Pediatric parechovirus infections
SourceJournal of Clinical Virology, 60, 2, (2014), pp. 84-89
Article / Letter to editor
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Journal of Clinical Virology
SubjectRadboudumc 4: lnfectious Diseases and Global Health RIHS: Radboud Institute for Health Sciences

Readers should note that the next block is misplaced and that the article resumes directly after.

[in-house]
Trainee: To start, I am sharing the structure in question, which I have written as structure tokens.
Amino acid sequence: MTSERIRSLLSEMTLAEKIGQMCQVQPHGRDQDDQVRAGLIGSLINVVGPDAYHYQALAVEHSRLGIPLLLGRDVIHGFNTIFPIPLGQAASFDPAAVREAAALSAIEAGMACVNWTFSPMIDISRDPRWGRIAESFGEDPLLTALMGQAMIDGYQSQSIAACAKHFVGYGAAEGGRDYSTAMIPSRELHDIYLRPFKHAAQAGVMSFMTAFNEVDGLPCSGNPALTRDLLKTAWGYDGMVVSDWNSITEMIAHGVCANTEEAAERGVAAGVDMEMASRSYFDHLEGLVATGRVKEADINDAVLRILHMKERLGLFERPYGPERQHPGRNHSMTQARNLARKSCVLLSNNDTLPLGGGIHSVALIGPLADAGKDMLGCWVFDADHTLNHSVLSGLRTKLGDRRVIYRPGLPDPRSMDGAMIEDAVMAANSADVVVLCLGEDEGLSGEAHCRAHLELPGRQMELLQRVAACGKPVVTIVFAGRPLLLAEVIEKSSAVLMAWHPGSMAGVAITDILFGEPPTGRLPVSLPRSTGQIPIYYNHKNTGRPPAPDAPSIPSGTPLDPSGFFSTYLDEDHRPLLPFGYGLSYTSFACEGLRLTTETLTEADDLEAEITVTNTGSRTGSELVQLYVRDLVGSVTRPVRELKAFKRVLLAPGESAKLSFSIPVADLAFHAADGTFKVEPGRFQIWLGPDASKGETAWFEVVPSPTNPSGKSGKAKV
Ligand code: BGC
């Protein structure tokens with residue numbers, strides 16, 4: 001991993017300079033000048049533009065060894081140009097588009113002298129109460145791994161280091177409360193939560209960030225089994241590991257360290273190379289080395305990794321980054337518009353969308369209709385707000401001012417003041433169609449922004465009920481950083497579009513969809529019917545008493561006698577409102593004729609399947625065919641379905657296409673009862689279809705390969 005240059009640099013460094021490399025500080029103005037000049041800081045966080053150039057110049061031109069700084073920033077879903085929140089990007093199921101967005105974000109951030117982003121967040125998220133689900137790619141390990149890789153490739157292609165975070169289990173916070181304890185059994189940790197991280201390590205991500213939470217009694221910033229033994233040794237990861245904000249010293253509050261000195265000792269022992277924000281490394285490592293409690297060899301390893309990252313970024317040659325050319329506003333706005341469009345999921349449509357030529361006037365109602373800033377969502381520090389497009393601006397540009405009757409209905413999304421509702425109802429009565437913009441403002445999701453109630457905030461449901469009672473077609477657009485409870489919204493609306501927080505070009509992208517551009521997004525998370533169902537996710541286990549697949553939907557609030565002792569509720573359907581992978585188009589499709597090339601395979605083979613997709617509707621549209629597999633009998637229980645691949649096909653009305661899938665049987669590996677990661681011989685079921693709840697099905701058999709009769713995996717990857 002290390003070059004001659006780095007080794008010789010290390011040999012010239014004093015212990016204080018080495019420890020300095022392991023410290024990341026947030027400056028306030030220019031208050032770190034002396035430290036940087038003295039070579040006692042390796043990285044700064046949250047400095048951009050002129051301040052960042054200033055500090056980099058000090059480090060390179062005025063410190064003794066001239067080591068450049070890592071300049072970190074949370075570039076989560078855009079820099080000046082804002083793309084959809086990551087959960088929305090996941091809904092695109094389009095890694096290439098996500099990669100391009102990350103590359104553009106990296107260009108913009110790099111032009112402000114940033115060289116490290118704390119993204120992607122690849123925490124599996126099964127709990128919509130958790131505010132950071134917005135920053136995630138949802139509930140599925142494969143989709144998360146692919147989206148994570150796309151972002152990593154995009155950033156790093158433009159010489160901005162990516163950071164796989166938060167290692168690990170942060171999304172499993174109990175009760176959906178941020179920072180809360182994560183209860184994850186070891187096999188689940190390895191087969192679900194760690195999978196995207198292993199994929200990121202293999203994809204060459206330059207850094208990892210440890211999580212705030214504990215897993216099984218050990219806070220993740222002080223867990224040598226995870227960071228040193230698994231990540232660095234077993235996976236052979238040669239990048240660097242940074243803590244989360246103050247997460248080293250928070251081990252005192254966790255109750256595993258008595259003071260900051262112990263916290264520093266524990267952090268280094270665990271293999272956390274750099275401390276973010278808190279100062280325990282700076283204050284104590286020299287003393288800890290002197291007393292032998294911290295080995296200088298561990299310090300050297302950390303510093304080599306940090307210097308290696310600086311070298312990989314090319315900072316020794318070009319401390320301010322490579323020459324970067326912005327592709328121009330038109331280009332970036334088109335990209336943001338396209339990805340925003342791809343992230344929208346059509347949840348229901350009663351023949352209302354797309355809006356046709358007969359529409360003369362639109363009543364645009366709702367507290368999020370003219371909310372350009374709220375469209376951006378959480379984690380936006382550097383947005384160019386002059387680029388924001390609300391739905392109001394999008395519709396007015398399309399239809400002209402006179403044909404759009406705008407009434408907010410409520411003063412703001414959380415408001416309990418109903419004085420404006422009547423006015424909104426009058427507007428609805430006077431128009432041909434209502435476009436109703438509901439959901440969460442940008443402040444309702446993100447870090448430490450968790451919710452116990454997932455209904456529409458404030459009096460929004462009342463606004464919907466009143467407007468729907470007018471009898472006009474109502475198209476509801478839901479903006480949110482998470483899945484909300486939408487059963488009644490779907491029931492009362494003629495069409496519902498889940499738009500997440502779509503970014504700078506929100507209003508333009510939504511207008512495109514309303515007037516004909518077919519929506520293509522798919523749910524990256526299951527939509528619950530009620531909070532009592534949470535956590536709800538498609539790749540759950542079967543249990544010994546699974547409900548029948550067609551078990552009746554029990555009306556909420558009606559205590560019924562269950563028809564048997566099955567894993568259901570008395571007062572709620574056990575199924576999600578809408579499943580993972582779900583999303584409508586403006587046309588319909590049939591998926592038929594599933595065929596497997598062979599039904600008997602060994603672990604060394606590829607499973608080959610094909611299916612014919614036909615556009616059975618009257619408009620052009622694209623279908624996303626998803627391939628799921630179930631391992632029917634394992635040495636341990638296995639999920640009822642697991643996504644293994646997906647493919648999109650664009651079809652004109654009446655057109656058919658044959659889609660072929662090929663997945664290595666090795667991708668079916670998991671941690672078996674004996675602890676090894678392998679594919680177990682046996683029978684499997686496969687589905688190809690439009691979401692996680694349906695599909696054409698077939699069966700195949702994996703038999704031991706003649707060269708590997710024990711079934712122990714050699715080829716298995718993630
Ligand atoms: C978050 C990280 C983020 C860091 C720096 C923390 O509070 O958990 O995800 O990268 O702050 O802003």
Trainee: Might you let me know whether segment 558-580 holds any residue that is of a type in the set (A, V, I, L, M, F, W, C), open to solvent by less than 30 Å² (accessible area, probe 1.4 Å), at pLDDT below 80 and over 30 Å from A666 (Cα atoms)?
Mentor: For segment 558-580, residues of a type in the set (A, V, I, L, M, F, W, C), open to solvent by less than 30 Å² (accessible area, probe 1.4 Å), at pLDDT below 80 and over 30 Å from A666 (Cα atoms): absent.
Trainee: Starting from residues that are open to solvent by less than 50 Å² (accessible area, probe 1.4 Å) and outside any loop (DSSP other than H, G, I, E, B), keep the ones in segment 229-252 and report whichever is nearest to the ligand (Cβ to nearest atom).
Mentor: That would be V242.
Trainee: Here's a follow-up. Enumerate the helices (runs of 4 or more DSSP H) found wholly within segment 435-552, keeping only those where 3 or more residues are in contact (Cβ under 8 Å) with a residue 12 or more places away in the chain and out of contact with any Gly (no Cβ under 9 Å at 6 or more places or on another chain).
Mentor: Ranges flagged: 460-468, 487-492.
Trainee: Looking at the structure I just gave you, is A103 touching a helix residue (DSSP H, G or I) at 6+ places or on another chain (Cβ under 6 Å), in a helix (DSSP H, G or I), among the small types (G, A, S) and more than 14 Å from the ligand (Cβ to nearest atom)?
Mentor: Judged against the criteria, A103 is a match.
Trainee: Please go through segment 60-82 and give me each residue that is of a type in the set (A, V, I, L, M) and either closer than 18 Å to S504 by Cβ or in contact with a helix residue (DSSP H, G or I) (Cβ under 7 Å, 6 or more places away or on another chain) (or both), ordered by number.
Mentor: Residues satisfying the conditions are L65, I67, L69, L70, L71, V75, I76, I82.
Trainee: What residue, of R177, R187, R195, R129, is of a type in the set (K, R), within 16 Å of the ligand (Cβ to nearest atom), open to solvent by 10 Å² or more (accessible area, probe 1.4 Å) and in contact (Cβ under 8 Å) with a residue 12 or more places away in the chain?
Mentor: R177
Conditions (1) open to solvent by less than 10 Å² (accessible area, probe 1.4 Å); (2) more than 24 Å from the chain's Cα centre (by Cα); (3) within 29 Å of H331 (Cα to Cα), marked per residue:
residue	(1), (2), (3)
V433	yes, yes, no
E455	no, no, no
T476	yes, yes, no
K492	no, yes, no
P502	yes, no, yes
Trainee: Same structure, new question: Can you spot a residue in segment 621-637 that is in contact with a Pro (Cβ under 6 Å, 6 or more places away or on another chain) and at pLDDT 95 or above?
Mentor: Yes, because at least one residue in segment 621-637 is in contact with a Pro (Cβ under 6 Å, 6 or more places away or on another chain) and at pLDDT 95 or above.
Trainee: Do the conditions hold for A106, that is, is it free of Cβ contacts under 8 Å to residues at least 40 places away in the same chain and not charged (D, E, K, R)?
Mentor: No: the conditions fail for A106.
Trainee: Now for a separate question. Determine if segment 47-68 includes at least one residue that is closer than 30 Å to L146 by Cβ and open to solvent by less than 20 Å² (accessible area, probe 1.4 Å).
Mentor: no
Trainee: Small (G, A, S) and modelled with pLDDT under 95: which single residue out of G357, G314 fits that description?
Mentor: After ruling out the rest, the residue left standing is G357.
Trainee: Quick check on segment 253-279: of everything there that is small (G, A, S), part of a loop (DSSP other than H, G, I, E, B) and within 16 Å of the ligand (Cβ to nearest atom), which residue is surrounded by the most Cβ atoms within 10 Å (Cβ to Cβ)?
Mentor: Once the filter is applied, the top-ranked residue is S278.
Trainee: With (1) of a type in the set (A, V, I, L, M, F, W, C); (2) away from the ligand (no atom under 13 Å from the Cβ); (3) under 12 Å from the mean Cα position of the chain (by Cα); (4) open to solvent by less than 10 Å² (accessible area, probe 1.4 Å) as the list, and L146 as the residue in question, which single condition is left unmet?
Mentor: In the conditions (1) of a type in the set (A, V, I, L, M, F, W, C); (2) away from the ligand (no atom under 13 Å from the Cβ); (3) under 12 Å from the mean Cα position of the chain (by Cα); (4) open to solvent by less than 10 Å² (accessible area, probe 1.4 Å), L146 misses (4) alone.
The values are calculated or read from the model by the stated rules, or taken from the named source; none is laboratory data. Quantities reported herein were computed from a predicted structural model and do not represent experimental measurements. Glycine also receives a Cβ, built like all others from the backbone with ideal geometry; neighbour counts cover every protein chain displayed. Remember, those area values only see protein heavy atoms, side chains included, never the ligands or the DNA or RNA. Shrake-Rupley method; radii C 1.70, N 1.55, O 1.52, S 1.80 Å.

Human parechoviruses (HPeVs) are members of the large and growing family of Picornaviridae. Although 16 types have been described on the basis of the phylogenetic analyses of the VP1 encoding region, the majority of published reports relate to the HPeV types 1-8. In pediatrics, HPeV1, HPeV2 and HPeV4-8 mainly cause mild gastrointestinal or respiratory illness; only occasionally more serious diseases have been reported, including myocarditis, encephalitis, pneumonia, meningitis, flaccid paralysis, Reye syndrome and fatal neonatal infection. In contrast, HPeV3 causes severe illness in young infants, including sepsis and conditions involving the central nervous system. Currently, the most sensitive method for detecting HPeV is real-time polymerase chain reaction assays on stools, respiratory swabs, blood and cerebrospinal fluid. However, although it is known that HPeVs play a significant role in various severe pediatric infectious diseases, diagnostic assays are not routinely available in clinical practice and the involvement of HPeV is therefore substantially underestimated. Despite long-term efforts, the development of antiviral therapy against HPeVs is limited; no antiviral medication is available and the use of monoclonal antibodies is still being evaluated. More research is therefore needed to clarify the specific characteristics of this relevant group of viruses and to develop appropriate treatment strategies.
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